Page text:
Understanding Deep Blues Essay

Understanding Deep Blues Essay

Length: 1142 words (3.3 double-spaced pages)

Rating: Strong Essays

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The Mississippi Delta was known for its fertile environment, perfect for growing the abundance of the nation’s cotton crop. Not only was the Delta known for its flourishing cotton supply, but for its budding music scene as well. Derivative from native African music, the blues blends together the use of old African language, tonal singing methods and the personal trials and tribulations of life in the south. Blues musicians of the Delta used their talents in order for to escape the tumultuous life of a sharecropper and make their way north. The blues was a perfect way for musicians like Robert Johnson, Muddy Waters, Howlin’ Wolf and countless others, to escape the racism and unfairness that plagued the south after the Civil War. The success of the blues would have never reached a worldwide magnitude if it was not for this “Great Migration” to the north, and the willingness of open minded record executives, taking a chance on some black musicians from the south. If it was not for these musicians, who knows who could have inspired bands like The Rolling Stones, the Band or even the Beatles. The shape of Rock and Roll today derives from music that cultivated from the Mississippi Delta. The music of the blues carries generations of history and African culture through it the simplest guitar riffs and the shortest line of lyrics. Palmer’s book details how the forever evolving genre that is the blues impacted decades of music while teaching people from all walks of life what it meant to be living a life of hardship in the Mississippi Delta, post-Civil War.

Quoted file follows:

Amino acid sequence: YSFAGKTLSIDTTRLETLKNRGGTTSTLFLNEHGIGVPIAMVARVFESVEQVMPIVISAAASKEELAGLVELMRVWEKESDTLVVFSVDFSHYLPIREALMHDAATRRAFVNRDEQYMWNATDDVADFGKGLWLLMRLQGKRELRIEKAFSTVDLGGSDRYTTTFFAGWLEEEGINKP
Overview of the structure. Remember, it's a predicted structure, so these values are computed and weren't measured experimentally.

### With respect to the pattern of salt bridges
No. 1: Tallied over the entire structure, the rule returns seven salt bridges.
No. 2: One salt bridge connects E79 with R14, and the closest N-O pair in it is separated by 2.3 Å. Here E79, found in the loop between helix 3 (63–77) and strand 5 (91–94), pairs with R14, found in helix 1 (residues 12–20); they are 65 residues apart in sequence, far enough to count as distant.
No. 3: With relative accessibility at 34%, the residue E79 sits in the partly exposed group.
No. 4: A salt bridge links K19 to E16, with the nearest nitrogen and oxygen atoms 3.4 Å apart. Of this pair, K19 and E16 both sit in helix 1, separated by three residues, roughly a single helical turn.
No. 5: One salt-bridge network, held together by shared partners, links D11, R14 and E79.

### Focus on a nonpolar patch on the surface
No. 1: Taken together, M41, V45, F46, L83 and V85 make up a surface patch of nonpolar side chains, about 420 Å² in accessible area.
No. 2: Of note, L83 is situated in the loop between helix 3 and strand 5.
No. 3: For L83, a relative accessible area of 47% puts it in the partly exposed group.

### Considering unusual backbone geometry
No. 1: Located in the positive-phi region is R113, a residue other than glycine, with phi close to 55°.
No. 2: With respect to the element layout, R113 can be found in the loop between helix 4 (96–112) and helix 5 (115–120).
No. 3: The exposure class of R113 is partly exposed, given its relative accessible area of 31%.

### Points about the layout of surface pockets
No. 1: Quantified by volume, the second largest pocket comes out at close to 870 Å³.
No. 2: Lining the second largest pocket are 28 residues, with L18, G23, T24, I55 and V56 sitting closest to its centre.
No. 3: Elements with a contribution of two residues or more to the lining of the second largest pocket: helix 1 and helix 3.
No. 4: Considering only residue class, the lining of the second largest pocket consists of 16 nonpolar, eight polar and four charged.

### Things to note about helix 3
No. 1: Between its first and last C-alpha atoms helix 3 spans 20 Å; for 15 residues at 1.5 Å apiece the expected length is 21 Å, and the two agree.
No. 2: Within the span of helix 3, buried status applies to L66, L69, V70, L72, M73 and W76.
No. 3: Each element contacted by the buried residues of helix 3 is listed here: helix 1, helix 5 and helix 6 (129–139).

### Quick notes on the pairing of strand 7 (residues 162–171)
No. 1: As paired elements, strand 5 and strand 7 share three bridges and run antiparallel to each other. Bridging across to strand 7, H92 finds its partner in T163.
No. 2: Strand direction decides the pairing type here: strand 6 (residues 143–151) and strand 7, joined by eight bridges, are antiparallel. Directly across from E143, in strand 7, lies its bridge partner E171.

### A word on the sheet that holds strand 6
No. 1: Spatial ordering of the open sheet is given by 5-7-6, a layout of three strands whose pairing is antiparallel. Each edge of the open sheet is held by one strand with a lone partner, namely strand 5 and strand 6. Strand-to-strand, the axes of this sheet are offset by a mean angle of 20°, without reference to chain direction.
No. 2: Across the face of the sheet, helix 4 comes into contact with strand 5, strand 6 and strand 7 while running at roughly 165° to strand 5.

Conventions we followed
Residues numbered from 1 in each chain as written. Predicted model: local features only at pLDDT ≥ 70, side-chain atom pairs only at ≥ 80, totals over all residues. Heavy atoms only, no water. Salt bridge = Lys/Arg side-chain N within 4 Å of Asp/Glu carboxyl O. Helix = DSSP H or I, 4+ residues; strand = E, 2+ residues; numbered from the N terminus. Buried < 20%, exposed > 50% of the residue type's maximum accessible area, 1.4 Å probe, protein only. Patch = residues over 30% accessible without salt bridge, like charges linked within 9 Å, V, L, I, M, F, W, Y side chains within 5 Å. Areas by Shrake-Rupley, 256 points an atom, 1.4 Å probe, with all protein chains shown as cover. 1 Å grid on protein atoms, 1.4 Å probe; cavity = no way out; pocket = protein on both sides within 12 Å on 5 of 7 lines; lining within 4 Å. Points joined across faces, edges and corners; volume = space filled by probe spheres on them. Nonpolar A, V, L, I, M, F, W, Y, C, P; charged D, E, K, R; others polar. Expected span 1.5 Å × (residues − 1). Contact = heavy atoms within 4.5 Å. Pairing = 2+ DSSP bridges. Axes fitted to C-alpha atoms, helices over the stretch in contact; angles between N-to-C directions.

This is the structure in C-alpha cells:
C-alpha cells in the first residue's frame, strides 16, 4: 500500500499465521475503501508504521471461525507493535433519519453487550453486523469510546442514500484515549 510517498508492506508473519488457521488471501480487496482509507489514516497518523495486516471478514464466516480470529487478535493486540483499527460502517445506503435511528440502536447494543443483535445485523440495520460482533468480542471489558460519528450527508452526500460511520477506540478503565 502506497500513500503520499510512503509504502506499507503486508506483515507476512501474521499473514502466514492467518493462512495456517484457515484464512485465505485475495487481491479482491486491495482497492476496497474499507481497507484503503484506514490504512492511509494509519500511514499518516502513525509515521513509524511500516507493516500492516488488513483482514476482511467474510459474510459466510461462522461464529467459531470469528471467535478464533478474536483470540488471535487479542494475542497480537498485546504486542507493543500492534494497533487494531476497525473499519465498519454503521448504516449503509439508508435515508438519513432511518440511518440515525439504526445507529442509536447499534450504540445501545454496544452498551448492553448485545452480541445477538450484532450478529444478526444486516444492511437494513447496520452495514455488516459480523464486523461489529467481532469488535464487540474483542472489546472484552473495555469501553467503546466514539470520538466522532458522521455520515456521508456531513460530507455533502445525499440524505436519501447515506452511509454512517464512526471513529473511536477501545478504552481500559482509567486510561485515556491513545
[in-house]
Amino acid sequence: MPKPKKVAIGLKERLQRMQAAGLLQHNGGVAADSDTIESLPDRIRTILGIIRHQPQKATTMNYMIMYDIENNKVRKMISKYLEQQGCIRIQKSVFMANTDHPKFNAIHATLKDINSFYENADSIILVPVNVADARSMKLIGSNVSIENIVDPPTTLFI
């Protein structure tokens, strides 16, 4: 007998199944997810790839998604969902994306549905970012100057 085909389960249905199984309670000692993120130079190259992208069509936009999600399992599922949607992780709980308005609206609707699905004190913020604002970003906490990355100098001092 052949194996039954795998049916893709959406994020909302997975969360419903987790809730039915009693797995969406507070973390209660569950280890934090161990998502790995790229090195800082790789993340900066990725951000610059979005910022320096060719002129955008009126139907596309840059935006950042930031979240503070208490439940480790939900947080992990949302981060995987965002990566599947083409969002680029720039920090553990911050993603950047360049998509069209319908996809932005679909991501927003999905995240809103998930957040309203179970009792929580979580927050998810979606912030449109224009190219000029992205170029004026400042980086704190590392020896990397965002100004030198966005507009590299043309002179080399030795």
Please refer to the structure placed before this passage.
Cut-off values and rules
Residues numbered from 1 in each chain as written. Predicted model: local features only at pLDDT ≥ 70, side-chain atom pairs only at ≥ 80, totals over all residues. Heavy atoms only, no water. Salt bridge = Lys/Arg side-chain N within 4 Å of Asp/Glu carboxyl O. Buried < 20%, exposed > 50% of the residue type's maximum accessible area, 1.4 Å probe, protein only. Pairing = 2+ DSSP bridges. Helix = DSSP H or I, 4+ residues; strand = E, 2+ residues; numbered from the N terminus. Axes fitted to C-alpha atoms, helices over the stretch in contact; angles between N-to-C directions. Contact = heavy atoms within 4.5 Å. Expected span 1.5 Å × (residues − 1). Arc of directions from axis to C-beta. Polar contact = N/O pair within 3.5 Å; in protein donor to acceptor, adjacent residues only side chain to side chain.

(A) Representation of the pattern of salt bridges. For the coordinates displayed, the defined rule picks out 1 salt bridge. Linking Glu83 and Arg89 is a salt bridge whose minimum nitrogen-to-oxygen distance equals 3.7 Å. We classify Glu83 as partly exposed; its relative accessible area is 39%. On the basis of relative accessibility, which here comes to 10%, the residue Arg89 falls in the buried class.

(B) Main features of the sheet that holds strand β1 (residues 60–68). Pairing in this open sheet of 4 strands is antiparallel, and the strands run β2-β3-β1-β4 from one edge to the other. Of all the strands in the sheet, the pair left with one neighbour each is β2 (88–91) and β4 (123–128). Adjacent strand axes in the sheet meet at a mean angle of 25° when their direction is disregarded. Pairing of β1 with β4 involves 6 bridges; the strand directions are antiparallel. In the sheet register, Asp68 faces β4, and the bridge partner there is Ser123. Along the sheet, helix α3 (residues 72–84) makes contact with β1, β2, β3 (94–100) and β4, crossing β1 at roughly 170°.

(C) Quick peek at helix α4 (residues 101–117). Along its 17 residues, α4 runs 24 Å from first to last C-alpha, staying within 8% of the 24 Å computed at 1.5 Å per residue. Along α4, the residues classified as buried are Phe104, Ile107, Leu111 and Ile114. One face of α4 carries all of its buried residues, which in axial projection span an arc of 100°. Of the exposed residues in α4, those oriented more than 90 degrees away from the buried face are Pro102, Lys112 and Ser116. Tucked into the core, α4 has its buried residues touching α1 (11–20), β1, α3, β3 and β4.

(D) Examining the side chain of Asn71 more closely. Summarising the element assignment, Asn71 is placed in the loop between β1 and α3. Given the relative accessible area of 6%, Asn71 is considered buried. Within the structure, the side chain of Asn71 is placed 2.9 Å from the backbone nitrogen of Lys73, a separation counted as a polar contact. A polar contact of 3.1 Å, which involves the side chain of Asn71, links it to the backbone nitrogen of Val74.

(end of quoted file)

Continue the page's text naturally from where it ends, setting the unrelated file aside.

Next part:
Palmer makes the argument, to understand blues, the listener must learn where the music came from. Leo Smith, stepson of Delta bluesman Alec Wallace describes the blues as “...

... middle of paper ...

Deep Blues details the blues forever changed the American music scene. The Delta blues contains so much history behind its music, it becomes nearly impossible to mimic. The genre is forever evolving. Whether it comes through rock and roll, or any other American music, hints of blues pull through. When reading Palmer’s book, there is only so much musical terminology one can understand. To really learn about the blues, one would have to experience some of the music for themselves by just listening to it. Deep Blues would be a great read for any of those music enthusiasts that would like to learn the true roots of the blues. After reading Palmer’s book, the reader will come out with a greater knowledge and appreciation for the blues and all its historical intricacies involving African culture.

Works Cited

Palmer, Robert. Deep Blues. New York: Viking, 1981. Print.

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